Being afraid that something will not work out before it happens may sound silly, but it can stop men in their tracks.
I’m going to cut right to the chase. No need to keep anyone in suspense about this at all. The two phrases that keep a man from taking action are “what if?” and “yeah, but …”
Happy now? Good. At 50 years old, I know these phrases all too well. They can still keep me stuck in proverbial mud. I don’t like to admit that because then it means I’m human. Me? Human? Well, there goes my “Superman” suit up in smoke.
Before you move along, though, have you considered how much those two phrases can keep men stuck in procrastination and inaction? You might be a man of total action, always moving forward and never filled with any fear or insecurity in your bones and balls. Awesome! Yet never, not once in your life, have you had a “what if?” moment happen? I bet not.
Anyone that breaks out of dysfunctional systems, whether in families, workplaces or communities, might have a lingering thought that pulls him into the “what if this doesn’t work out?” mindset. The familiar thought process feels like putting on those comfortable bunny slippers (or Grandad’s old smoking jacket) that you love so much. Personal chaos and family 9-1-1 calls have left well-worn grooves in a man’s emotional state that make peace and serenity feel weird.
“Yeah, but if I change too much then people who know me will not like me anymore” might be one sentiment a man feels.
A lot of times, I have those internal in-my-head conversations that leave me guessing if I did something wrong. Those conversations have become less and less prevalent over the years. A lot of help and support from other men in healthier emotional states has played a major role. For their love and support, saying “thank you” does not begin to say it at all.
If these two phrases keep any man emotionally locked from taking action, then something has to change. Inaction breeds more inaction, and that turns into paralysis by analysis (as the old saying goes). Taking action busts open the emotional chokehold those phrases have over men.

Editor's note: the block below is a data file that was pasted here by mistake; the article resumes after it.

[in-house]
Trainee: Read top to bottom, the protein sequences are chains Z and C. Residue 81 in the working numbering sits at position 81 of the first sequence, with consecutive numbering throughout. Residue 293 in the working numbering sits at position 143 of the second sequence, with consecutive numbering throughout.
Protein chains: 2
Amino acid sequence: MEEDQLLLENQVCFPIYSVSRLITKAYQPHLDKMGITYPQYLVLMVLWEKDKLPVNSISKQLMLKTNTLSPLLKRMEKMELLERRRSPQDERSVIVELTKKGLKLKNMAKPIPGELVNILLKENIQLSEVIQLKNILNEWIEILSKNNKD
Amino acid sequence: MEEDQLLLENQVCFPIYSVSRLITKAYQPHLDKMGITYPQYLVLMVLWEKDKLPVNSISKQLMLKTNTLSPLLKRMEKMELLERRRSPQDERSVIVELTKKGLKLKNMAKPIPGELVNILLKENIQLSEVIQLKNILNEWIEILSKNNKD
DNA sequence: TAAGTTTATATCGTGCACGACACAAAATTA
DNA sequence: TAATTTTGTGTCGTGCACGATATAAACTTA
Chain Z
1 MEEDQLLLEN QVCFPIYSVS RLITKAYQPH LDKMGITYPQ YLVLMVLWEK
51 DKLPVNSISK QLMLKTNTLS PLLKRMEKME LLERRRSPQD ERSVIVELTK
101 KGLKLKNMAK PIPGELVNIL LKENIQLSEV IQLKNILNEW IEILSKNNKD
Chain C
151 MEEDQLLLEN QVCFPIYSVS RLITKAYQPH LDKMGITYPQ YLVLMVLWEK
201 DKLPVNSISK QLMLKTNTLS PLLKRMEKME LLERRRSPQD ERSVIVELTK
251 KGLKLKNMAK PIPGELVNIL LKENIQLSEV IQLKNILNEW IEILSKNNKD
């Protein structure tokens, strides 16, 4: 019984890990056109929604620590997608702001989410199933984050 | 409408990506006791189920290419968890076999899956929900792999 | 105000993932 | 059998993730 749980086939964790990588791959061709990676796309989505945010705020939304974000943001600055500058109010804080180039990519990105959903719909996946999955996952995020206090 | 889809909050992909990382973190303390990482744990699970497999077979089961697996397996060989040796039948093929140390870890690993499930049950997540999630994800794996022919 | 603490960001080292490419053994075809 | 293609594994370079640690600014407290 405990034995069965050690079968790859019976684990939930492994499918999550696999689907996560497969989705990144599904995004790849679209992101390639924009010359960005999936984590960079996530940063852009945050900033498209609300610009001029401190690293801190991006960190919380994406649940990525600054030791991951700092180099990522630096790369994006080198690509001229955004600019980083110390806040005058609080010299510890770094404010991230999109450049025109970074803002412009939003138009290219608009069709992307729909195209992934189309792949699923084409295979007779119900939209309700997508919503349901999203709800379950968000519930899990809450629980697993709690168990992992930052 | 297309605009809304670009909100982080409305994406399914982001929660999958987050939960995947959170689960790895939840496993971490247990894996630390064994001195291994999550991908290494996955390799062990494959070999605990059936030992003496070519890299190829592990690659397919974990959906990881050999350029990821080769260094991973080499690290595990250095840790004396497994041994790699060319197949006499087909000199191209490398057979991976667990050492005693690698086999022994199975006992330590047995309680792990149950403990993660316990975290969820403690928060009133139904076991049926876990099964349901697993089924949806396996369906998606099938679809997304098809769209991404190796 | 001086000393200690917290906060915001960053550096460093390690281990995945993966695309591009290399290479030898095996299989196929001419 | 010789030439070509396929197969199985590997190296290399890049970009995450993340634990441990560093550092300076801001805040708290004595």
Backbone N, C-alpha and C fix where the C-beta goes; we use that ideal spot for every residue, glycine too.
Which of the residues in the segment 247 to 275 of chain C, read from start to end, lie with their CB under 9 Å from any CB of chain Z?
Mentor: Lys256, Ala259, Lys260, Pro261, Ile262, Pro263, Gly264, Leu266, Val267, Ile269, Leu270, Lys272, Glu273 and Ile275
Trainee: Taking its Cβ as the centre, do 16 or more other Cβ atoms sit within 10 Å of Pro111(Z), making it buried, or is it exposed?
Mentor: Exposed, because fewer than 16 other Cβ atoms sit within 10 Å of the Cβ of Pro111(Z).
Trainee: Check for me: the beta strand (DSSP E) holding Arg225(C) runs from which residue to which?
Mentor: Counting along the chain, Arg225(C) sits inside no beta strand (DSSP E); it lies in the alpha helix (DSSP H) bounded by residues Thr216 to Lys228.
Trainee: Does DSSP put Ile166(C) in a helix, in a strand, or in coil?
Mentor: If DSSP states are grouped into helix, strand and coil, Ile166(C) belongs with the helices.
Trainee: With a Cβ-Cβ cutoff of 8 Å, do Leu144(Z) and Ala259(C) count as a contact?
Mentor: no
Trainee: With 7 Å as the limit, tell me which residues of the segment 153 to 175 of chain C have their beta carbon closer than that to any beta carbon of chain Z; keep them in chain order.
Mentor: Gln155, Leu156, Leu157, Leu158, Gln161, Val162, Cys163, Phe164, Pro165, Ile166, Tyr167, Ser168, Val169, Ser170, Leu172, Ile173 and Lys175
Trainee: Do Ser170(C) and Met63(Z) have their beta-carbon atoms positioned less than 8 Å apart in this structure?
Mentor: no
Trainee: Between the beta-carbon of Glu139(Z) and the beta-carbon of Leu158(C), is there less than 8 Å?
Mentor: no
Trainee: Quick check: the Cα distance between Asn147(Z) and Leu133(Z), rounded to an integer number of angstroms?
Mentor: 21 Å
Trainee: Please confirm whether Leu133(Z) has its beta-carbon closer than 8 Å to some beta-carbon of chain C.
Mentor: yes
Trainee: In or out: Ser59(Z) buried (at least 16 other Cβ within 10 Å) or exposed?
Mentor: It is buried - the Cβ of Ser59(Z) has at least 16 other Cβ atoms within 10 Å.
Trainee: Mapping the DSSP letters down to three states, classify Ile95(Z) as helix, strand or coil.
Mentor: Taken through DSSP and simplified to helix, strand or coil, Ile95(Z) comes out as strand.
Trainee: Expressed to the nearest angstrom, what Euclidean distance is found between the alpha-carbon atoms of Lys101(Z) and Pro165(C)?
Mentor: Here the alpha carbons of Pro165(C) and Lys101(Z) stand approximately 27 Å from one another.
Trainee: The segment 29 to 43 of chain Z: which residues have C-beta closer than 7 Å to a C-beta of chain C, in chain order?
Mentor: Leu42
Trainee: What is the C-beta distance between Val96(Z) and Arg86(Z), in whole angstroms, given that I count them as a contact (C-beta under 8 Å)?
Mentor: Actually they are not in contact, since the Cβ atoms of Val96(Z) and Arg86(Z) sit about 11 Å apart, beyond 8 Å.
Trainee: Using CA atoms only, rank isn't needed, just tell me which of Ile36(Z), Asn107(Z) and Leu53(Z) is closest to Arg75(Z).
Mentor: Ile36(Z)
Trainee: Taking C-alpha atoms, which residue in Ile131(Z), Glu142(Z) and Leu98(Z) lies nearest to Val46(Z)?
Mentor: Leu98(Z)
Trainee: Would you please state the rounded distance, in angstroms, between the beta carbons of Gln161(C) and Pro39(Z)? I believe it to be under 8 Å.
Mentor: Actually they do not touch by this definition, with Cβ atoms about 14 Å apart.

“What if you are all wrong, Joe?” Hey, it will not be the first time baby. I’ve been wrong a hell of a lot more than right. In fact, I got some good wisdom from another man over a decade ago. He encouraged me to stop seeing life through good/bad and right/wrong extremes. If any man knew about extremes, then it certainly was me.
Binge-or-purge living landed me in 12-step recovery rooms for a lot of soul work.
“Yeah, but I have heard about ‘soul work’ and all of that crap. What if it is all a bunch of nonsense?” See, I gave you a two-for-one dish right there.
If a man has never done some inner work on himself, then how does he know if it is nonsense or not? He may be hearing about it from someone else’s experience. I dare say that a man is more inclined to be influenced by others’ opinions and beliefs than finding out what he really believes.
It has taken me more than a decade-plus of untying all-too-familiar knots to look at my life realistically. Most men may not be interested in discussing their emotions and feelings. After all, the money is rolling in well, relationships are all lovey-dovey, and people respect him as a man of great stature.
You mean there is no area in your life that could use a little closer inspection?
That may be true. I’ve seen a lot of men live that way, though, only to see those comfortable pieces fall apart like Humpty Dumpty going plop off of his wall perch.
The charade is over.
Instead of pushing these phrases away, I’d like to suggest that men embrace them. It does not matter if they are so loud and are making life miserable. There is a lesson or a gift in that space. “What if I don’t find a lesson in my relationship ending?” Trust me, there is something to learn. It has happened to me … and damn it, I hurt inside when the lesson and gift revealed itself to me.
The selfishness and lack of attention that I gave to this woman that I loved was ridiculous. That’s just for starters, by the way. It takes serious attention-getting events to get my attention at times. I wish that I could say I’ll always notice those “subtle hints” when it comes to relationships. God, help me.
“Yeah, but it’s better not to have any girlfriends at all … especially intimate ones. You’re just going to get hurt again.”
Is that true? Taking a risk means that I am going to tap into my vulnerability and, over time, reveal myself to a woman. Will she like me? “What if she doesn’t like a man that is in touch with his emotions?” Yeah, better not do that.
I don’t want to live like a monk, either.
There you have it. “What if?” and “yeah, but …” are two little phrases that crawl around and keep too many men in fear, shame and isolation.
Frankly, I say screw it and be brave even if my knees are shaking. If I fall down, pick me up. If you fall down, I’ll be there for you.
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